In this episode of Ben Franklin’s World, David Young, the Executive Director of the Delaware Historical Society, joins us to explore the early American history of Delaware from its Native American inhabitants through its emergence as the first state in the United States. [Read more…] about An Early History of Delaware
Recent Books Related to New York History
Authors and publishers of new books related to New York’s history can have their books noticed on the The New York History Blog by following the submission guidelines HERE.
New York City historian Kenneth Jackson is set to headline Friends of Taconic State Park’s 11th Annual Meeting and BBQ Supper on Saturday, July 20th beginning at 6 pm at the Copake Iron Works National Heritage Area Site in the Hudson Valley, 35 Valley View Road, in Copake Falls, NY. [Read more…] about Ken Jackson on Robert Moses at Copake Iron Works BBQ
In 1492, Christopher Columbus’ voyage across the Atlantic linked Europe, the Americas, and the Caribbean. As Columbus’ sponsor, Spain became the first European Power to use the peoples, resources, and lands of the Americas and the Caribbean as the basis for its Atlantic Empire.
How did this empire function and what wealth was Spain able to extract from these peoples and lands? [Read more…] about Pearls and the Nature of the Spanish Empire
Megan Plete Postol is set to lead a discussion and book signing of her book, Southern Adirondacks Foothills Fishing, Hunting and Trapping (Images of America, 2019), on Saturday, June 29th, at 11 am at the Rome Historical Society.
The book features photographs of many Adirondack sportsmen and will be available for purchase. [Read more…] about Adk Foothills Fishing, Hunting And Trapping Talk in Rome
The Oneida County History Center has announced a talk on The Negro Motorist Green Book has been set for Wednesday, June 12th at 5:30 pm.
The Negro Motorist Green Book was a critical travel guide for African Americans who struggled to travel safely throughout the United States. The brainchild of Victor Hugo Green, who published the first edition in 1936, it would become the national travel guide for black motorists. The Green Book provided the locations of travel and other services, but even more important served as a way to avoid refusal of service, harassment, discrimination, and threats. David Layne will share the story of the Green Book in connection with our New York State and Oneida County history. [Read more…] about ‘Negro Motorist Green Book’ Talk Slated for Utica
In this episode of Ben Franklin’s World, Flora Fraser joins us for one of those conversations. We’ll talk about biography, and in doing so, she’ll tell us what it was like to grow up as the daughter and granddaughter of two famed, British biographers and about the genre of biography and how it developed in the United Kingdom. [Read more…] about Biography And A Biographer’s Work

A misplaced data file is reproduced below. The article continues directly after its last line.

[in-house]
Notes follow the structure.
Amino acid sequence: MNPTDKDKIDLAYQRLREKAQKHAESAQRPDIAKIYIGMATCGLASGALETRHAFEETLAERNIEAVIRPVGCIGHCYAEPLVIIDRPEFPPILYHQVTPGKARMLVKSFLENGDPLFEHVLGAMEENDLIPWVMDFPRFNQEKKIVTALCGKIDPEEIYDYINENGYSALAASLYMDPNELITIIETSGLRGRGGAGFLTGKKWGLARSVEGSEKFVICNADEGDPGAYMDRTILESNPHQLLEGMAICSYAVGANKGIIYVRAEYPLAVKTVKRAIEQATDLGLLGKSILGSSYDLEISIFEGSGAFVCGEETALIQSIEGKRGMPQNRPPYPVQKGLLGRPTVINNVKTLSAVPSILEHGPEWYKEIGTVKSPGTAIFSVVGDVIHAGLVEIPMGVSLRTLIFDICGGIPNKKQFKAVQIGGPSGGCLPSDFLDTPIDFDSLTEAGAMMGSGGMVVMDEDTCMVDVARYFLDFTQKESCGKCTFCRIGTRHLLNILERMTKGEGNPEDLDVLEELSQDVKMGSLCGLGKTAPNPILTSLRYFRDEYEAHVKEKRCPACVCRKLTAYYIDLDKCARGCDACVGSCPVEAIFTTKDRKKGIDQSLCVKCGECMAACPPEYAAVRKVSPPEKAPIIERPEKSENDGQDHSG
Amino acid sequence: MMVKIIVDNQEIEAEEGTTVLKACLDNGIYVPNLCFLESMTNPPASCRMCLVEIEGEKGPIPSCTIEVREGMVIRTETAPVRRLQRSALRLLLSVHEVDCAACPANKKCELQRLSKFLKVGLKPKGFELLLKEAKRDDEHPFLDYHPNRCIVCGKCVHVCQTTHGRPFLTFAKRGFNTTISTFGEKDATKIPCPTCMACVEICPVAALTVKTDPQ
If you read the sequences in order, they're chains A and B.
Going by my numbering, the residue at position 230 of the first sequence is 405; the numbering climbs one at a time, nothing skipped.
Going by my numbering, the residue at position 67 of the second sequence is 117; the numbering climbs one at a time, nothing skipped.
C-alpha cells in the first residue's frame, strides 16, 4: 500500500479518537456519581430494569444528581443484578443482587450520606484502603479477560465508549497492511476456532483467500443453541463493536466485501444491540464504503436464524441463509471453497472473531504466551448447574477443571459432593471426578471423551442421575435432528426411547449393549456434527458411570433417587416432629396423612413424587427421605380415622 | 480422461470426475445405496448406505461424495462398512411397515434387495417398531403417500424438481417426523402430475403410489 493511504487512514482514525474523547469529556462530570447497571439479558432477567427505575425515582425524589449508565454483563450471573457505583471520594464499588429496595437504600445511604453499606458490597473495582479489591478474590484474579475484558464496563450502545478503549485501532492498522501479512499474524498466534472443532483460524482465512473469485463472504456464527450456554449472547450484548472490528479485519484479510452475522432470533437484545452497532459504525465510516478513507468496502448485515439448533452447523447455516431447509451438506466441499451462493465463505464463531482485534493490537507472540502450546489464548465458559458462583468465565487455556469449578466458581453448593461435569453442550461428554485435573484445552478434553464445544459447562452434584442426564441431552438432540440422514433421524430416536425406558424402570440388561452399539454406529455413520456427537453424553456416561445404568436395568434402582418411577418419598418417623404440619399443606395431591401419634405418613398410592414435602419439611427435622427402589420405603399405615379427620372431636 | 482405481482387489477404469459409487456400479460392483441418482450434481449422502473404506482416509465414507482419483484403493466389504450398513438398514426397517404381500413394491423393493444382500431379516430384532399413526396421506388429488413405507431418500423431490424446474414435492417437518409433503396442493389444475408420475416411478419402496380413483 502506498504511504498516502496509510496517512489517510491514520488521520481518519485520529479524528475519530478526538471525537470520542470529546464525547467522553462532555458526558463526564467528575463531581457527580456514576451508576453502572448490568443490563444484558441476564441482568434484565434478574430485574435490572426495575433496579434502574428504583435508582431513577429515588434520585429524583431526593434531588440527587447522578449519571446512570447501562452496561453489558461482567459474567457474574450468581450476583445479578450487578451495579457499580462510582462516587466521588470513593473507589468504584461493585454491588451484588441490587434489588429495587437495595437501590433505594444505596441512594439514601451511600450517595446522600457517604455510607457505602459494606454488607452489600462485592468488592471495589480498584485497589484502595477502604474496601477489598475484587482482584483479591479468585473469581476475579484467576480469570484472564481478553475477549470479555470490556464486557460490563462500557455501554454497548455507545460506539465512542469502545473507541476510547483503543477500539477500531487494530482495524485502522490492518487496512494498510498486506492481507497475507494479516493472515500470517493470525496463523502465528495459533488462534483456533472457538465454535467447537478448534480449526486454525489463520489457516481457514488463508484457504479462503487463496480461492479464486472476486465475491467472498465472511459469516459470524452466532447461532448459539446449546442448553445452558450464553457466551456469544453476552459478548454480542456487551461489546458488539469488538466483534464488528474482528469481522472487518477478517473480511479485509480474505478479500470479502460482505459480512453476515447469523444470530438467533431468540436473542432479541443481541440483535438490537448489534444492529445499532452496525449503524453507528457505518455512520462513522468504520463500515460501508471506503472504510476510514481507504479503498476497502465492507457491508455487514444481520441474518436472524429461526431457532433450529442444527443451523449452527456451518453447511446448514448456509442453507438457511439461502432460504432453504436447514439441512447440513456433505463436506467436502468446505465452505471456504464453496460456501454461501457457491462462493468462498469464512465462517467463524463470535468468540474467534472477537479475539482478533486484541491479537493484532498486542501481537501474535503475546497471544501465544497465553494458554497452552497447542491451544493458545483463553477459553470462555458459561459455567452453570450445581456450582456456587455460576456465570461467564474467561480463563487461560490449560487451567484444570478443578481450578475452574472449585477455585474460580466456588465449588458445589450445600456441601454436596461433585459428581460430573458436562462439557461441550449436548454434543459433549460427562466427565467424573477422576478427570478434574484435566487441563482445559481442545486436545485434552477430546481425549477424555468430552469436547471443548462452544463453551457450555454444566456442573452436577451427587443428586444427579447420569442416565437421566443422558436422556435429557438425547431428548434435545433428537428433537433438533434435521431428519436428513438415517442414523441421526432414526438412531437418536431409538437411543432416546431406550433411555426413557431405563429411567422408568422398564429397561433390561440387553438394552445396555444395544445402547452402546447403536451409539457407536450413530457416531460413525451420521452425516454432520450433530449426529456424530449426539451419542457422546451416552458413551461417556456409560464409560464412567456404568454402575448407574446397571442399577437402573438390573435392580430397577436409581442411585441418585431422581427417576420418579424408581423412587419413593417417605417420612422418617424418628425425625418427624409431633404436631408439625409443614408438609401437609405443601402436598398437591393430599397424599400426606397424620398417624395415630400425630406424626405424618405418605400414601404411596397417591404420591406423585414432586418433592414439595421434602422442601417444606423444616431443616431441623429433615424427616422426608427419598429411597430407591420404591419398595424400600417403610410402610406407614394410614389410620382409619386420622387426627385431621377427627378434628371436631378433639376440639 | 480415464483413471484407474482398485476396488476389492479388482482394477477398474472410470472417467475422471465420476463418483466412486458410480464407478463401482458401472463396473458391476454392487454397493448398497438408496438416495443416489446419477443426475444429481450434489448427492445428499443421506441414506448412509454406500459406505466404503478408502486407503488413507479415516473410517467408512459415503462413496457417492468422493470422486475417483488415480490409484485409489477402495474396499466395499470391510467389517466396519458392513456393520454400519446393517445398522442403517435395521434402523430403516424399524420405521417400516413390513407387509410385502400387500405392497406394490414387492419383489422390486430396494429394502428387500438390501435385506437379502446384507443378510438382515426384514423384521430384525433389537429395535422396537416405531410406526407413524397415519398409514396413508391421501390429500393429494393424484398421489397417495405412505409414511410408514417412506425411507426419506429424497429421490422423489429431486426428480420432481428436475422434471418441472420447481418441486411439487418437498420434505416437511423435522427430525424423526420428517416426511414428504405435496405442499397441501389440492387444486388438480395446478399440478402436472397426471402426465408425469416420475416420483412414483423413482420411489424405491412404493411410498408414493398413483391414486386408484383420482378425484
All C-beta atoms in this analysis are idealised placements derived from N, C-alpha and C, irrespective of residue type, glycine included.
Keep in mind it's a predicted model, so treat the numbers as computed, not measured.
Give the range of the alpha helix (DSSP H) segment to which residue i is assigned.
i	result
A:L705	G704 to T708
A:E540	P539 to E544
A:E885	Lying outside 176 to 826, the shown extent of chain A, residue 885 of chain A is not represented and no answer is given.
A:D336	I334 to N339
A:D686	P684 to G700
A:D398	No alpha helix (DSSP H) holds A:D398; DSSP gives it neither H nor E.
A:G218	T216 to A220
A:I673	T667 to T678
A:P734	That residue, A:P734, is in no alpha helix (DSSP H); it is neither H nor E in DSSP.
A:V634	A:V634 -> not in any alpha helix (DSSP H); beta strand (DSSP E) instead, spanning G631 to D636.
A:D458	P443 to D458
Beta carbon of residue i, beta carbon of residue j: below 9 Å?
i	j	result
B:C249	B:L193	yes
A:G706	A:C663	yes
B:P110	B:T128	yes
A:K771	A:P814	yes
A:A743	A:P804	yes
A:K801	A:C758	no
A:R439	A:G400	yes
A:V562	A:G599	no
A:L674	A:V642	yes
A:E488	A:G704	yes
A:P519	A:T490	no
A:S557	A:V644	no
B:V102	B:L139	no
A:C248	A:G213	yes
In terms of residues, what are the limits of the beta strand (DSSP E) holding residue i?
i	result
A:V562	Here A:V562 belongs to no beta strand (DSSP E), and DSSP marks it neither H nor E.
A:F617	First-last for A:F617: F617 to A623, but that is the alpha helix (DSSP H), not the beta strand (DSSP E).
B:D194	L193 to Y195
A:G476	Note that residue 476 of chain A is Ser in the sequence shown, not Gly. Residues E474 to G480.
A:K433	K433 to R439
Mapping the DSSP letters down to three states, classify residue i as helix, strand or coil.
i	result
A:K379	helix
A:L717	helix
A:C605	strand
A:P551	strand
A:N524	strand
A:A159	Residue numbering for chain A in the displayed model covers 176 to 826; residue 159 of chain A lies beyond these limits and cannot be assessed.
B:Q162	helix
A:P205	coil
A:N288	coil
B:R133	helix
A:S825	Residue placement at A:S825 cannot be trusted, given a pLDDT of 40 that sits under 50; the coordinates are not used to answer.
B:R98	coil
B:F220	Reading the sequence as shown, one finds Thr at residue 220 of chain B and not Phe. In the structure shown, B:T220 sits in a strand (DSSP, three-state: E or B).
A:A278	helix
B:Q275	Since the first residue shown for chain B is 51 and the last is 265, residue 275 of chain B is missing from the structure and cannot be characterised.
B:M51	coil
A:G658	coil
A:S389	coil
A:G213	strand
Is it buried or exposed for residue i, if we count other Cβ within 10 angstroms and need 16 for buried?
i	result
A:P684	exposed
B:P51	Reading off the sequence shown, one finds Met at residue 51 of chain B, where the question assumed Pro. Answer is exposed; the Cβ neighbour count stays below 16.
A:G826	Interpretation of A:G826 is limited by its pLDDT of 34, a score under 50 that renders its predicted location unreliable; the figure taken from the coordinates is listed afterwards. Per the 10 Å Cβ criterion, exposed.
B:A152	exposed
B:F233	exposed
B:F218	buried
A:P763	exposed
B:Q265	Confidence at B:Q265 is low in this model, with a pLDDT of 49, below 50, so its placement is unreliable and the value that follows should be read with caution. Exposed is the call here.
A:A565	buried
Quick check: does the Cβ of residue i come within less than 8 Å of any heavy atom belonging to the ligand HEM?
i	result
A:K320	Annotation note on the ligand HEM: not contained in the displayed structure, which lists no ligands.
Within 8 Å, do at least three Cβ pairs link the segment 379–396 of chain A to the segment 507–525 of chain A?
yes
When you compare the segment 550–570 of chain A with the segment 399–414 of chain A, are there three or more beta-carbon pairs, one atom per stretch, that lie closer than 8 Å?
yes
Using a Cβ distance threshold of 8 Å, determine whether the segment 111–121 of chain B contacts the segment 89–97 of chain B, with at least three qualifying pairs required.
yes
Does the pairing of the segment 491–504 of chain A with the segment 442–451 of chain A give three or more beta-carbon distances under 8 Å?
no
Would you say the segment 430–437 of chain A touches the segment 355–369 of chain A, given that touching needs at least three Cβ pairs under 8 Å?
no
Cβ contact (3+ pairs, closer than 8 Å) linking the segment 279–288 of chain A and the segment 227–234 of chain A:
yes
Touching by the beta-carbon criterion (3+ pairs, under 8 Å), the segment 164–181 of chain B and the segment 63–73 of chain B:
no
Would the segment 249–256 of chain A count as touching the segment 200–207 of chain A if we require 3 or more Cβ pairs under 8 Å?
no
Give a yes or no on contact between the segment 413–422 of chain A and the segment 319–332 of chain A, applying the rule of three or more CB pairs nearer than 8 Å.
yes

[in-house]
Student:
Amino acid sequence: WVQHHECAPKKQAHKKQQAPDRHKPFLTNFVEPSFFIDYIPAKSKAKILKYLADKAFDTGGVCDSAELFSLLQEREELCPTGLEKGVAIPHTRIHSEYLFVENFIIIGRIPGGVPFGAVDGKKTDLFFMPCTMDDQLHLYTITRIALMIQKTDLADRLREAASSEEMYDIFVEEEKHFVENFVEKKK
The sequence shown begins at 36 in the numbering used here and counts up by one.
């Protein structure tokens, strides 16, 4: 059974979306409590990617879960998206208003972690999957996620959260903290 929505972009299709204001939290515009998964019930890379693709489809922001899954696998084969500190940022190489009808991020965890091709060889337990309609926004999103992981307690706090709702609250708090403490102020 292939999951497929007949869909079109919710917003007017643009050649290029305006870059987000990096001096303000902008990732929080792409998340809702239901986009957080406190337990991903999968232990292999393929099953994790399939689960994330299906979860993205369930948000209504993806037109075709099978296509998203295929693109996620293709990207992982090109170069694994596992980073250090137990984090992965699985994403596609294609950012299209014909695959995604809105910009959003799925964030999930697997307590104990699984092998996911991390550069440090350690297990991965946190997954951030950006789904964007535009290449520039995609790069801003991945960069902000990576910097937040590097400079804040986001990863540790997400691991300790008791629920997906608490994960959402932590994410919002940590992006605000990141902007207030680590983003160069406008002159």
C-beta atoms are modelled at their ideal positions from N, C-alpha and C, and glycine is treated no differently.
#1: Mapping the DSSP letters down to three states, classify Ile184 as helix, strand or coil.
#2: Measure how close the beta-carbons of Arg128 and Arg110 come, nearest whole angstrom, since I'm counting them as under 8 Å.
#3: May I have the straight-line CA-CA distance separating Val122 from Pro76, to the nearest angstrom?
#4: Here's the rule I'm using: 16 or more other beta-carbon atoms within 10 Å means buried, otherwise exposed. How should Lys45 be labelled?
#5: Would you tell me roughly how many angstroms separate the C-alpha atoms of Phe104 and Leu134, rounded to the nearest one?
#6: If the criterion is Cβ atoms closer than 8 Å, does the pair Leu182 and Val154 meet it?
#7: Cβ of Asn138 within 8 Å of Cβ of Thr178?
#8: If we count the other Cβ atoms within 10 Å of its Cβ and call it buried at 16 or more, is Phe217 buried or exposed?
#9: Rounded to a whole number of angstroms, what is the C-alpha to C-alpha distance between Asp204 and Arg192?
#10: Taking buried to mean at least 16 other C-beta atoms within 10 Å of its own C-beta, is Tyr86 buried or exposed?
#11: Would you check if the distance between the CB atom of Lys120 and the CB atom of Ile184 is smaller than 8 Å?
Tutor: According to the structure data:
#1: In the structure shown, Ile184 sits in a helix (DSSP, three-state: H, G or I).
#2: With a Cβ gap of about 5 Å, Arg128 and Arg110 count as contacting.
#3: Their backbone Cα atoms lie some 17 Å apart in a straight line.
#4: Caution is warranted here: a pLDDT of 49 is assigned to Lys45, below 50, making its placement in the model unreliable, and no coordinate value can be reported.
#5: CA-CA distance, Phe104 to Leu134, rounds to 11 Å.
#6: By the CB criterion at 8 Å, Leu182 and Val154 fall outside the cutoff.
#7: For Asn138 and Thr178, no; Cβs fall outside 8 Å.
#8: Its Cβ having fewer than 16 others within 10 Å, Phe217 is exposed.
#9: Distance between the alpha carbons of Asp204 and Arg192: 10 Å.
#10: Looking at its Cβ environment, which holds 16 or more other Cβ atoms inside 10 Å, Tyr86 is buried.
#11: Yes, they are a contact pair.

The Rome Historical Society is set to host food and beverage writer Don Cazentre on Wednesday, June 19th. Cazentre will share his research on the Mamie Taylor and other Upstate-connected cocktails in his book Spirits and Cocktails of Upstate New York: A History.
Upstate New York has held its place in cocktail history for centuries, beginning with the term “cocktail” itself. The word first appeared in an 1806 Hudson Valley newspaper, when an editor described a cocktail as “a stimulating liquor composed of spirits of any kind – sugar, water, and bitters – it is vulgarly called a bittered sling and is supposed to be an excellent electioneering potion, inasmuch as it renders the heart stout and bold, at the same time that it fuddles the head.” [Read more…] about Spirits and Cocktails of Upstate NY Program in Rome
Dr. Albert Zambone is set to give a presentation on how Daniel Morgan helped secure the victory at the Battles of Saratoga, on Thursday, June 6, 2019 at 2 pm at Saratoga National Historical Park.
By the end of his life, Daniel Morgan had variously been brigadier general of the Continental Army, major general of the Virginia Militia, a winner of the Congressional Gold Medal, a congressman, and architect of what has been called the “American Cannae” (a type of pincer military maneouvre) at the battle of Cowpens. But one of the most important achievements was to be one of the many architects of the victory at Saratoga. [Read more…] about Daniel Morgan and the Victory at Saratoga
Pulitzer-prize winning historian David McCullough’s new book The Pioneers: The Heroic Story of the Settlers Who Brought the American Ideal West (Simon & Schuster, 2019) is a good example of local and regional history well told.
The title is somewhat expansive. The book really is not about pioneers generally or the west as a whole. It is mostly about the development of Marietta, Ohio, the surrounding region, and to some degree the state of Ohio and the Northwest Territory. But some of its insights presented by McCullough may be applicable to the development of the western part of the country as a whole. [Read more…] about David McCullough’s The Pioneers: A Model of Local History
Author Karen Foresti Hempson is set to discuss her new book Bean Pickers: American Immigrant Portraits, which shares eight true-life portrayals that focus on the Italian-Americans who begin their American lives as summer bean pickers, on Wednesday, June 5th at 5:30 pm, at the Oneida County History Center, 1608 Genesee Street, Utica. [Read more…] about Bean Pickers: Italian Immigrant Portraits in Utica